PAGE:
We spent seven weeks filming this, which is too long but we're finally done. There is one scene missing, where our would be shooter is picked up outside a bar. We were given permission to use our school's Ambulance and Police car but by the time filming came they were actually inoperable. :X We filmed this entirely on the campus of Algonquin College in Ottawa Canada, the school's sub-schools were nice enough to set us up with resources from the Paramedic, Police and Nursing programs on campus. I'll admit the acting is probably the weakest point but since we're all mostly working on the technical end of production and had only a couple of 'real actors', it's more of a demonstration of technical ability than anything else. We even had someone from the local police service give us a hand on shoots and supplied us with the airsoft guns we used for the shoot outs.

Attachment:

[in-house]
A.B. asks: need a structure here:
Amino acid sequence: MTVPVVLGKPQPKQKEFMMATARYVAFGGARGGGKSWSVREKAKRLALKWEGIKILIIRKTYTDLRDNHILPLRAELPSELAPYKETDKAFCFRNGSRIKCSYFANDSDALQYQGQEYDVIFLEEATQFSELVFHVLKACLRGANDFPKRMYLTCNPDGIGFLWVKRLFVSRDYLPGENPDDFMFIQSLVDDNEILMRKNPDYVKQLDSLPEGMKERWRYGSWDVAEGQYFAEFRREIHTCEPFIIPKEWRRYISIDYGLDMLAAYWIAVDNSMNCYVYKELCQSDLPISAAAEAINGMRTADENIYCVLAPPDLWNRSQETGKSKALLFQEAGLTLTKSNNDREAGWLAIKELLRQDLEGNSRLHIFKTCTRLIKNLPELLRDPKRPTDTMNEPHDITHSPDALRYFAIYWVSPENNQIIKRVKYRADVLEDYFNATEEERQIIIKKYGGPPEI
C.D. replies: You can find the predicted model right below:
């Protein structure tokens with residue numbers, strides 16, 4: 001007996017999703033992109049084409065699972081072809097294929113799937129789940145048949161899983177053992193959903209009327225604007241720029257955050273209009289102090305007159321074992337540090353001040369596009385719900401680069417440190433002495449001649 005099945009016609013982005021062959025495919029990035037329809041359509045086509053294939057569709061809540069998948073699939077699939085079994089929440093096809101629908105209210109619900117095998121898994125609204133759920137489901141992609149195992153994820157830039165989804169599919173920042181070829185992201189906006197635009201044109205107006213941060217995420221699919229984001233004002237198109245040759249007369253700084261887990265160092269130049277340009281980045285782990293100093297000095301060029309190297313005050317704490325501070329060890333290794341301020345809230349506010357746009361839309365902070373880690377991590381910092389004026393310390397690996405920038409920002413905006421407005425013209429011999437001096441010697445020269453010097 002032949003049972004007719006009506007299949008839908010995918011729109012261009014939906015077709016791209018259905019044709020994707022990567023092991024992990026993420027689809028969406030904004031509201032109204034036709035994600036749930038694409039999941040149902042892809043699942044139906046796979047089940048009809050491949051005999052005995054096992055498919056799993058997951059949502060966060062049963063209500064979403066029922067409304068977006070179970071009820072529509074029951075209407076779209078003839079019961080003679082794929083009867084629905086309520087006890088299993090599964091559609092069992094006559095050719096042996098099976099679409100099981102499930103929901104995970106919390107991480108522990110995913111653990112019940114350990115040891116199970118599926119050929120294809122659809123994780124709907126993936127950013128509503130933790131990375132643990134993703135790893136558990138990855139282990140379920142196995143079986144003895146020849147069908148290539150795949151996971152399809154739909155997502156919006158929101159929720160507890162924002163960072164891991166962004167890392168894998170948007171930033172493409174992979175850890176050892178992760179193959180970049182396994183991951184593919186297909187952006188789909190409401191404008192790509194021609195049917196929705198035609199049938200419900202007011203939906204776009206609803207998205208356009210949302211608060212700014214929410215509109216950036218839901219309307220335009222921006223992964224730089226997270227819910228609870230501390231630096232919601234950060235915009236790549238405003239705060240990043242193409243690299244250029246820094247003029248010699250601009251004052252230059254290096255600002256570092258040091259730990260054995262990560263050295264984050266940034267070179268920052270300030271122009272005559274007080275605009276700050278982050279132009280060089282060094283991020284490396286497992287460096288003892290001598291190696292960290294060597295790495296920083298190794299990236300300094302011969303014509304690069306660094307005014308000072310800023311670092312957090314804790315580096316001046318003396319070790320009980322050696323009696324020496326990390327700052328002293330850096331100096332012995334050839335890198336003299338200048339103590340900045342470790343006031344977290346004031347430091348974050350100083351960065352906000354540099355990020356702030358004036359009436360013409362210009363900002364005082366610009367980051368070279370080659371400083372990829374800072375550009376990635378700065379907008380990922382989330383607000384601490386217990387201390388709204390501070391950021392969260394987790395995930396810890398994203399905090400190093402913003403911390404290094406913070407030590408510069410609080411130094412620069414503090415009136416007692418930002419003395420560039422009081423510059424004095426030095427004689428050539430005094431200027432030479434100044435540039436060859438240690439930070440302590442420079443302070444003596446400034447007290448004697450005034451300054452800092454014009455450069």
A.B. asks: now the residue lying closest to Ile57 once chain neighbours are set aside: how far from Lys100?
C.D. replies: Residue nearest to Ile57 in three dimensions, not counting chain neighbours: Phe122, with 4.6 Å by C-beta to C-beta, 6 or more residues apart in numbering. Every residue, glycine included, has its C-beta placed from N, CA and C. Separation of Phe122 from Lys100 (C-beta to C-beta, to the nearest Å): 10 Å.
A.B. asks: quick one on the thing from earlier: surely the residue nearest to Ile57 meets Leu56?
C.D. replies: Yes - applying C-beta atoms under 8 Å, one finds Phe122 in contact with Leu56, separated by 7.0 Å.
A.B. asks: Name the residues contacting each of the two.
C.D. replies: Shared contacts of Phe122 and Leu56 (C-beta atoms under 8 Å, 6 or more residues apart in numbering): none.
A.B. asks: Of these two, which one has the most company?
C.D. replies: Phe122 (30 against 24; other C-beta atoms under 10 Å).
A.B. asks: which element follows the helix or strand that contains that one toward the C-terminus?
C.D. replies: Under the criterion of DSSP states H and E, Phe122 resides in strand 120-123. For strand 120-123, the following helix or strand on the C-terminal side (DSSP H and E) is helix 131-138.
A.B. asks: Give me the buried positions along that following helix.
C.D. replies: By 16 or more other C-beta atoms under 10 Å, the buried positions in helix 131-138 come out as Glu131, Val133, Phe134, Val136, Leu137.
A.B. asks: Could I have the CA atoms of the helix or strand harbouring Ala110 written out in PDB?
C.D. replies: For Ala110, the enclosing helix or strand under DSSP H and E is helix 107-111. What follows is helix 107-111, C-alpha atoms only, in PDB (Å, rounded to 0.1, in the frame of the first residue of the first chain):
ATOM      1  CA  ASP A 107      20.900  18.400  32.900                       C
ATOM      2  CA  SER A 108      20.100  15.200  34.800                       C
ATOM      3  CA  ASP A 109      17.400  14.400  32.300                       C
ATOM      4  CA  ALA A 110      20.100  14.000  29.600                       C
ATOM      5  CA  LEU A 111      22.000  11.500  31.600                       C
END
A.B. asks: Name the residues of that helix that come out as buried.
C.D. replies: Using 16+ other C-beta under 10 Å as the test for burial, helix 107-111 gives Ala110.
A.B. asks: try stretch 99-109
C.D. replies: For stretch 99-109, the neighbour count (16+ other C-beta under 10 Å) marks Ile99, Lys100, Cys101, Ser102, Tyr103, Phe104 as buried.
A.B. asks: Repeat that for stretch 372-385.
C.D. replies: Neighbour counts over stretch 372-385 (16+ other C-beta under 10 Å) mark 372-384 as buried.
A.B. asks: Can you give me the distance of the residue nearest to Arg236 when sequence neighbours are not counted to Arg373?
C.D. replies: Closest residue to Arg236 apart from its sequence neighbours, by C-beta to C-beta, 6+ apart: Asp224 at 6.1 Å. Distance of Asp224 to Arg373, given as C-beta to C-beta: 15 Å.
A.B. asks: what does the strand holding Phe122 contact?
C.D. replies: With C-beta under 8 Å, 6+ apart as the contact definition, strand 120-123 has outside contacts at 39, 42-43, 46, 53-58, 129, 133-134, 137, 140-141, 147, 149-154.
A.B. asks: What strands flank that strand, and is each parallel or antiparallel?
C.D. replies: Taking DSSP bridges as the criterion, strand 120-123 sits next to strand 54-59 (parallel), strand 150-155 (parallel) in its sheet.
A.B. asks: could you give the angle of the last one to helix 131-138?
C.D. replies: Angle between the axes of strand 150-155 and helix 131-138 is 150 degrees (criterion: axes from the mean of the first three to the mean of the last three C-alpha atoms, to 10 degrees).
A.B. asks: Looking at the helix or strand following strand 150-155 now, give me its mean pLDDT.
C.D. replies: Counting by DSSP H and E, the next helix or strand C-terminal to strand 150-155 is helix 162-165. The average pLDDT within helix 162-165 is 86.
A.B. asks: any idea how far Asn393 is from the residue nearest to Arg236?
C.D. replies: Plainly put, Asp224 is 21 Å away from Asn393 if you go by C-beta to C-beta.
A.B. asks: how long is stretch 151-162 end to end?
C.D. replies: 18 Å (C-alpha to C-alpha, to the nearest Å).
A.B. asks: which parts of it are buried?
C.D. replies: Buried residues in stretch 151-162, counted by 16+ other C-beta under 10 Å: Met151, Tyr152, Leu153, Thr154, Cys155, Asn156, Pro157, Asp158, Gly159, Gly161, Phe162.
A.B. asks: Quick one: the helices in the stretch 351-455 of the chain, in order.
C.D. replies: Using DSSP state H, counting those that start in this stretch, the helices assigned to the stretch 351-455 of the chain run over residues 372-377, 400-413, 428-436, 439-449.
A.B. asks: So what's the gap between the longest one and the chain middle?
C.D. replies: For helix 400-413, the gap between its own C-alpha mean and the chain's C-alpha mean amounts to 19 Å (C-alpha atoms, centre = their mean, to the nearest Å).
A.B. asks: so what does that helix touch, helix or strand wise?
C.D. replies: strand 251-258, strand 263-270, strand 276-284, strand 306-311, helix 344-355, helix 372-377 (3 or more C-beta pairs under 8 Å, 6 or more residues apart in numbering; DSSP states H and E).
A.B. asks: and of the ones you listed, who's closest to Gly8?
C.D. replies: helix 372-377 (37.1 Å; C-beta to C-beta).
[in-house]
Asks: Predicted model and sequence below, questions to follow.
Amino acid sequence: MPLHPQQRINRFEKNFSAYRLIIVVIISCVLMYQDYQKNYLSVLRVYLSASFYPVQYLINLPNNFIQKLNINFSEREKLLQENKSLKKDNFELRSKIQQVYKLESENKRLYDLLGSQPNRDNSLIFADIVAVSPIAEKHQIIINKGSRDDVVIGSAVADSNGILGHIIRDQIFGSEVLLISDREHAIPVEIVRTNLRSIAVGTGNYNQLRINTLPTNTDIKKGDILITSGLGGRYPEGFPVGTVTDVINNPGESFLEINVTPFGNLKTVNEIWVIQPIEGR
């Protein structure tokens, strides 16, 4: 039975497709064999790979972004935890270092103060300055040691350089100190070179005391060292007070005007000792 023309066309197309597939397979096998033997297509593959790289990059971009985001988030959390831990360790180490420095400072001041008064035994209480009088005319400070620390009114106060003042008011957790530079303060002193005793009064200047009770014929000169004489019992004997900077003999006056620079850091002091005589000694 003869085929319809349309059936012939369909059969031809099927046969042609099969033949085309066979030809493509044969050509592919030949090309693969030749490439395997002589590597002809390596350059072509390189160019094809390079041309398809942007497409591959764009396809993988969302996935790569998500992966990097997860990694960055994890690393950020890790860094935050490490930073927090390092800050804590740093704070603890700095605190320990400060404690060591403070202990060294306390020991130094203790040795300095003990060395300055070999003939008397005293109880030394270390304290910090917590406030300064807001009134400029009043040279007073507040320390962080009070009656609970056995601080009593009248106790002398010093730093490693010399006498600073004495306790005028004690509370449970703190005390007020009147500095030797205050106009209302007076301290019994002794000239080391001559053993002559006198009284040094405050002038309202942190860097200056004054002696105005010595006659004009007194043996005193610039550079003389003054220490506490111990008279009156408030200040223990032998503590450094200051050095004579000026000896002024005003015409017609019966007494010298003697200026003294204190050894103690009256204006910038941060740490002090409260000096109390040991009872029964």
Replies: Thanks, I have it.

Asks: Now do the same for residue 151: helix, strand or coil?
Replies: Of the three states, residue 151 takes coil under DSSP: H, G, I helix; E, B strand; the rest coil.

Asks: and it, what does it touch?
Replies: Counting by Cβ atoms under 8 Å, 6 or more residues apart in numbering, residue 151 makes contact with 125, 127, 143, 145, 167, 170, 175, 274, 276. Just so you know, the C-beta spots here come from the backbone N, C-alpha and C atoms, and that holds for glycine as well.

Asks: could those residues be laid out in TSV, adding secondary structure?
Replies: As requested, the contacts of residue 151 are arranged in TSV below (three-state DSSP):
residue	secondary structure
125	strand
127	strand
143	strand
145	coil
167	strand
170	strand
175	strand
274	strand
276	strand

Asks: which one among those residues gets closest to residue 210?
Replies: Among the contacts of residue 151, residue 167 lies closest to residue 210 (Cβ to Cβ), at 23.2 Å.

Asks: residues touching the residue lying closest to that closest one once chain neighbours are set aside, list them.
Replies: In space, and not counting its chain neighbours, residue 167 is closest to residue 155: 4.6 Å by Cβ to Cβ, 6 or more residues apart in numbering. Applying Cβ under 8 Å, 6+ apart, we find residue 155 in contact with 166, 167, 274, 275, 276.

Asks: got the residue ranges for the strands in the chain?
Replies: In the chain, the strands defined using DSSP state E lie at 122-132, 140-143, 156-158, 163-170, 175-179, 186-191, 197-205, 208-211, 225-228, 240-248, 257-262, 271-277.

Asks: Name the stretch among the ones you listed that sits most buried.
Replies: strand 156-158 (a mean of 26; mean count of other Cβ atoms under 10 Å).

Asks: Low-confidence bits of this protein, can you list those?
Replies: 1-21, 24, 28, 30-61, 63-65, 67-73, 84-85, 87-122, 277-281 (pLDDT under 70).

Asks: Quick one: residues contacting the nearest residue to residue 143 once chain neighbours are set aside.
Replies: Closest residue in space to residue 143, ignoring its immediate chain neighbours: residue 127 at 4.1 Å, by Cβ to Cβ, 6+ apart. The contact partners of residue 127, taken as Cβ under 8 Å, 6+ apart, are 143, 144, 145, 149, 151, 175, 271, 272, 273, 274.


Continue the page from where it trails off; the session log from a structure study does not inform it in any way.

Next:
While we put a lot of production value into this, we actually filmed it using a Canon EOS Rebel T2i (or '550D' in Europe) which is a consumer level DSLR that only cost $700 or so when it was new. It's pretty amazing how approachable filming making has become thanks to technology.
For you AMV tech heads, you might get a kick out of the following: As I want to get more into YouTube content creation I was toying with the best ways to deliver content up to YouTube while mitigating additional compression artifacts since they recompress everything. The solution? Lossless. YouTube uses FFMpeg in it's back end so it supports a lot of things you wouldn't expect. What we uploaded was a 6GB 4:2:0 h.264 Lossless file with FLAC audio in an MKV container. This means that the only stage of lossy compression was applied by YouTube itself. (If you don't count us going from RGB to YV12.) ...It took an hour for YouTube to process it after we uploaded it. o.O But hey, something to keep in mind if putting your AMVs up to YouTube.